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Art Galleries Adapt to Economy’s Pinch

John and Rebecca Barber intend to close Studio Arts Gallery next month.

After five years in what has become one of the city’s most vibrant commercial sections outside of downtown, the Studio Arts Gallery will close its doors on Sept. 30, a victim of a poor economy.

Owned and operated by one of Laguna’s best known artists, John Barber, and his wife Rebecca, the gallery, housed in the former Pottery Shack complex, focuses on art glass and multi-media works.

“The Barbers are wonderful tenants on the strength of their vision, which fits well into what we wanted to do with the Pottery Place,” said landlord Joe Hanauer, who redeveloped the historic corner but retained some of its defining character such as a rooftop menagerie.

“They are leaders and active participants in the community and before the economy dropped their vision was verified,” said Hanauer, who offered the Barbers what was described as favorable lease renewal terms. Even so, Rebecca Barber said the couple decided to give up the space due to diminished sales.

And while a stagnant economy also contributed to the April 30 closure of the town’s oldest gallery, the Esther Wells Collection owned by Charlie Ferrazzi, gallerists continue to have faith in Laguna’s allure for collectors by opening new outposts. Next month, for instance, Art Cube opens a second storefront in North Laguna’s gallery row.

In 2006, the Barbers’ initial vision for a gallery also fit what Hanauer envisioned for his first tenants. They wanted a gallery that focused on local artists with a special niche for blown glass works by John and others. It also included a patio glass blowing booth, a nod to the potter’s wheels that used to spin in the old Pottery Shack. But the demos stopped when they became little more than costly distractions, said Rebecca Barber.

Instead, the gallery sponsored patio concerts. During First Thursday’s Art Walk, gallery crawlers could count on being entertained by top local talent. Their “Inside Studio Art” artist lecture series earned a nomination as best new art program in 2009. And Rebecca Barber stepped up her involvement with First Thursday’s 40 member galleries, serving as its president for the last three years.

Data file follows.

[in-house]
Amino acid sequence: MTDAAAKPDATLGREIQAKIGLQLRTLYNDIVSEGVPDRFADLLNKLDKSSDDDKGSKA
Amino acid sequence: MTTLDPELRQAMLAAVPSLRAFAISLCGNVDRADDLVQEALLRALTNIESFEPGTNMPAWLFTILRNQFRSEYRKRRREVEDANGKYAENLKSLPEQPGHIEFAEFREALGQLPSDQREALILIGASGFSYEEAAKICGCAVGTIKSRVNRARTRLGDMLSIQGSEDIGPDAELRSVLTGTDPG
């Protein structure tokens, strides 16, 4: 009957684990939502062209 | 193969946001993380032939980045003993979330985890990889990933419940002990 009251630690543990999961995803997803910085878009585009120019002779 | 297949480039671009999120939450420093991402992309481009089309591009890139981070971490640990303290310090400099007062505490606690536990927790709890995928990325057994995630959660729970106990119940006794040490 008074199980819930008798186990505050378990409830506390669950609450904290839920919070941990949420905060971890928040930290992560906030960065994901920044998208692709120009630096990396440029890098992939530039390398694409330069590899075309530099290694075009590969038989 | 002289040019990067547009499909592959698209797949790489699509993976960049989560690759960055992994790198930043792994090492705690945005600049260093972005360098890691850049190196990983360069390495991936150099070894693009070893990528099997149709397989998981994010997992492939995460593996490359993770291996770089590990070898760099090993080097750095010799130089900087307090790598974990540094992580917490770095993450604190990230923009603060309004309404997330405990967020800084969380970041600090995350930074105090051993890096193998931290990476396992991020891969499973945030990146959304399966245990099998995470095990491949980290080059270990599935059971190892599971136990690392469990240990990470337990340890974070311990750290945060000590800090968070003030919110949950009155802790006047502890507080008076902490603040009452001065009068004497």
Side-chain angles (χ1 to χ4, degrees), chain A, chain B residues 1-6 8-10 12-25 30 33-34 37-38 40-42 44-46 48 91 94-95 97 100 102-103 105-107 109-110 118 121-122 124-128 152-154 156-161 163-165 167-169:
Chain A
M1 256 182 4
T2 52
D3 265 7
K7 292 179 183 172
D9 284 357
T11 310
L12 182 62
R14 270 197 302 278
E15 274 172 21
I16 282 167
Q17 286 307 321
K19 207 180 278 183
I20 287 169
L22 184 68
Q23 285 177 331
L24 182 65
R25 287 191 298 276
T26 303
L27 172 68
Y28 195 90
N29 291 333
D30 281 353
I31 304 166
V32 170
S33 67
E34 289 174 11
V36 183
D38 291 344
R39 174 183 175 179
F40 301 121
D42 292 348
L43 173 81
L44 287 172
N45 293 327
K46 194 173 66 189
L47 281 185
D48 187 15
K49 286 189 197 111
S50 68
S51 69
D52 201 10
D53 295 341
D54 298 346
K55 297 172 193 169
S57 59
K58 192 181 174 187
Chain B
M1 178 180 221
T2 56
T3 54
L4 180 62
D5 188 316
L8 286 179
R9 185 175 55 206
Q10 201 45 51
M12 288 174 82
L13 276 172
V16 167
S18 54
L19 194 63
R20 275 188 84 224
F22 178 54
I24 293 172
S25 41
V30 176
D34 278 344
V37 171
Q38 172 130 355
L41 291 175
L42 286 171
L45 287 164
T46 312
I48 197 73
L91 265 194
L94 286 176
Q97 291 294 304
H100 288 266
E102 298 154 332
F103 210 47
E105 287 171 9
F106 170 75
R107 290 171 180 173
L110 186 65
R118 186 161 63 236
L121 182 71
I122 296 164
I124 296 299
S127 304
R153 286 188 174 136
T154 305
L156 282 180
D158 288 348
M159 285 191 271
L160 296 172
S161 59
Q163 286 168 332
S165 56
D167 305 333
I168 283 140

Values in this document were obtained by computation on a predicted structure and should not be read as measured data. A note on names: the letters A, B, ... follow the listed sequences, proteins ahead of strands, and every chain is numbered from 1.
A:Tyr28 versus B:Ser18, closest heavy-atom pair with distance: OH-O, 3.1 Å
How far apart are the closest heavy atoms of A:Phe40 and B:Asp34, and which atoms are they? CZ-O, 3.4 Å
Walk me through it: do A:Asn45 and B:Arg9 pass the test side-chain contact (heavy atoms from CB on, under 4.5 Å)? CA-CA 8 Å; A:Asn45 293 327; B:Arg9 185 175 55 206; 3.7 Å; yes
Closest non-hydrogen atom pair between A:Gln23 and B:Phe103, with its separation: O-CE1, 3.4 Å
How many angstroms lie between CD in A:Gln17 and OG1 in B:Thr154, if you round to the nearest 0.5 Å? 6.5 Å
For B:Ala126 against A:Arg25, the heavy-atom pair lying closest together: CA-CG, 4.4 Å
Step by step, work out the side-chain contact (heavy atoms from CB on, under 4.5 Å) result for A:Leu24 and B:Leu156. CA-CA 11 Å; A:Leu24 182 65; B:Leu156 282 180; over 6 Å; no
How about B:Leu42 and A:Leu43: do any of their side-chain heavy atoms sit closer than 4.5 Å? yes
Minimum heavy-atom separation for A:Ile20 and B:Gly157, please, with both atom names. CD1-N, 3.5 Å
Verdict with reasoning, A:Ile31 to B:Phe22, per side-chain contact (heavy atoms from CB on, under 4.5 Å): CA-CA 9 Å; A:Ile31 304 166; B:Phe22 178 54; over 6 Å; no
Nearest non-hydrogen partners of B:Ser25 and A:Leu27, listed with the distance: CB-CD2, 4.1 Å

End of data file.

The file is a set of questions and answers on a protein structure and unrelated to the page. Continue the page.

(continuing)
“It’s the economy that keeps people from buying,” said Rebecca Barber, whose inventory ranged from under $50 glass jewelry to translucent glass urns costing $1,200 and more. Throughout summer, John Barber continuously fires up his hot shop to resume glass blowing, restocking the gallery and a Sawdust Festival booth with richly hued tumblers, beer steins, and vases.

“John has been a top-selling artist and still we don’t have the money to continue operating without endangering our future retirement,” his wife said. Both are in their early 60s.

Although the couple had envisioned a gallery totally supportive of local artists, some who benefited from that showcase did not always reciprocate. “I’ve had artists here who, when they had a show in Palm Springs and did not have enough material, they would pull work from under us,” Rebecca Barber said.

Still, the gallery represented mostly locals, including photographer and Arts Commissioner Suzi Chauvel, who praised the Barbers’ enthusiasm, passion and empathy with artists. “Being part of that Studio Art family is a special part of my life. They know that artists create from a place of love and joy. For all of us, it’s not a business but a passion,” Chauvel said.

Part-time employee Diane DeBilzan supports the Barbers’ wish to reduce overhead by scaling back operations exclusively to their home studio and gallery. “The economy has been the biggest strike against them, but they will stay connected to the community,” she said.

Rebecca Barber expects to close shop by Sept. 30. The upcoming Art Walk on Sept. 1 will be Studio Art Gallery’s last. “People can stop into our studio and gallery in the canyon whenever the sign says open,” she said.

Meanwhile, gallerist Sanja Simidzija next month intends to open a second home for Art Cube contemporary artists at 356 N. Coast Highway, the third gallery iteration in what was originally Rohrer Fine Art. In a modern twist on an old-fashioned notion, she will live over the store – renting the spacious upstairs rooms and managing the street-level gallery space in partnership with Allan Simon, owner of the property built as an artist live-work studio.

“It’s a wonderful opportunity for me to expand without having to invest cash and yet also gaining a mentor,” said Simidzija.

Simon, owner of four other commercial properties in Laguna Beach as well as the Laguna Beach Independent, hoped to rent the entire building, but was skeptical about finding a suitable tenant. “When Sanja expressed interest it solved a problem and also opened new possibilities,” he added. “Instead of paying rent, she puts in blood, sweat and tears,” he said.

For gallerists like Ferrazzi and now the Barbers, blood, sweat, tears and years proved not enough.

 

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